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Arsenic Pentiodide, AsI5

When a mixture of arsenic and iodine in the requisite proportions is heated in an atmosphere of carbon dioxide in a sealed tube at 150° C., a brown crystalline product is obtained. The crystals, which melt at 70° C. and have density 3.93, are soluble in water, carbon disulphide, alcohol, ether and chloroform. The solution in carbon disulphide yields, when allowed to crystallise, a mixture of arsenic triiodide and iodine. The latter is readily lost from the pentiodide, and heating at 100° C. in nitrogen in a sealed tube brings about the decomposition. Like the triiodide, the pentiodide dissolves boron tribromide.

The fusion curve of mixtures of arsenic and iodine shows no evidence of the formation of a pentiodide, but there is a eutectic, of freezing point 71.5° C., which has the approximate composition of this substance. The absorption spectrum of the solution in carbon disulphide is similar to that of a mixture of the triiodide and iodine.

A series of double compounds of arsenious oxide and the iodides of bivalent light and heavy metals has been described. The compounds are obtained in crystalline form by saturating hot moderately concentrated solutions of the iodides with arsenious oxide and allowing to cool. The following have been prepared:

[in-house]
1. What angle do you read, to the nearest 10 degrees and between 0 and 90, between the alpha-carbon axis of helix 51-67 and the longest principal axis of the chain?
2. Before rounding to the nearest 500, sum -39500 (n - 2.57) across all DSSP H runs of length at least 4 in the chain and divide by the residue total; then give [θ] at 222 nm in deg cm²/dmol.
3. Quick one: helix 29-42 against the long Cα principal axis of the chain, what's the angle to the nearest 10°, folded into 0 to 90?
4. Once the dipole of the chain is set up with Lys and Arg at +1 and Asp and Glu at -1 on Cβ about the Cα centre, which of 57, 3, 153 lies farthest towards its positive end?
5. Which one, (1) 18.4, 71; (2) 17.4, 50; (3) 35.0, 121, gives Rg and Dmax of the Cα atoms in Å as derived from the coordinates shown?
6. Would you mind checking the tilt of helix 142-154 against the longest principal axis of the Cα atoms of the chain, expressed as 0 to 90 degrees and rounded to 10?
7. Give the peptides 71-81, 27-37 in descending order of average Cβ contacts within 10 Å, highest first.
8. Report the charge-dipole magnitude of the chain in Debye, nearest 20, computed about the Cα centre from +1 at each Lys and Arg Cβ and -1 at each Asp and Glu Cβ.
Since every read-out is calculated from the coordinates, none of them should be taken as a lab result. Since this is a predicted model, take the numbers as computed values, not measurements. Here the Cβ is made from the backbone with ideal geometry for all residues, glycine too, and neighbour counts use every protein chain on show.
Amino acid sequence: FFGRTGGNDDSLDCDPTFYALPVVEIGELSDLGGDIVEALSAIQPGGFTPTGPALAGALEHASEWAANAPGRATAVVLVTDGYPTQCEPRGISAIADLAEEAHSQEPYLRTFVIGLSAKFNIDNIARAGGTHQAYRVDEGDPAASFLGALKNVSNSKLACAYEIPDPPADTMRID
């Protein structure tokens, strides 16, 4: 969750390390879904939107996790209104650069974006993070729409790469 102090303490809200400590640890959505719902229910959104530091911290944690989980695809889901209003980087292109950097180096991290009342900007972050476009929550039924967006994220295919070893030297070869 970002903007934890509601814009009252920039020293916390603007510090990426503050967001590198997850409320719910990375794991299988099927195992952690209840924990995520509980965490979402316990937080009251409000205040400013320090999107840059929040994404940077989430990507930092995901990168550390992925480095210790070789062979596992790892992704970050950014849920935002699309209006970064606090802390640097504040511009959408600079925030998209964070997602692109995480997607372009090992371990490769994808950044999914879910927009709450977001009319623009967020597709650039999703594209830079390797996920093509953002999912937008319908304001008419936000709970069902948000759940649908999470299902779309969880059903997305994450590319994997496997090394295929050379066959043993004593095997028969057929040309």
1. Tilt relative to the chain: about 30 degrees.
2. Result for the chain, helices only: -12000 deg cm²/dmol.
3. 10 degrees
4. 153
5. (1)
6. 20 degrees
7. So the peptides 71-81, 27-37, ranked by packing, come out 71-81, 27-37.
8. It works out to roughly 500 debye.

BeI2.3As2O3.8H2O
Mg (or Ca or Sr)I2.3As2O3.12H2O
BaI2.3As2O3.9H2O
ZnI2.3As2O3. 10H2O
Mn (or Fe or Co)I2.4As2O3.12H2O
NiI2.4As2O3.10H2O
Also AlI3.6As2O3.18(?)H2O

These compounds resemble in properties the arsenites of the metals, the characters of the iodides being suppressed. They are moderately stable in dry air but tend to become oxidised on keeping. With the exception of the magnesium compound they are slightly soluble in water, the solution apparently containing a complex salt with a simple metallic cation. When heated with water they undergo partial decomposition into the iodide and arsenious oxide.

Similar compounds of the alkali metals are also known, but except in the case of the lithium salt, LiI.2As2O3.3H2O, prepared as above, the crystals are anhydrous. Thus a solution containing ammonium dihydrogen arsenite, ammonium iodide and arsenious oxide yields hexagonal prisms of composition NH41.2As2O3, stable up to 180° C. The sodium salt, NaI.2As2O3, crystallises from a hot solution containing sodium iodide and arsenious oxide or sodium arsenite; it is decomposed by water. Two potassium salts are known: KI.As2O3, which separates in yellow plates from a hot solution containing potassium iodide and arsenic triiodide in dilute hydriodic acid, and also KI.2As2O3, prepared analogously to the sodium salt. The rubidium salt, RbI.As2O3, and the ccesium salt, CsI.As2O3, have been obtained by the method used for the corresponding potassium salt.

A complex bromiodide of mercury and arsenic, AsHg6Br12I3, presumably the arsenic salt of the acid HI(HgBr2)2, prepared by addition of hydriodic acid to a benzene solution of mercuric bromide, has been obtained.

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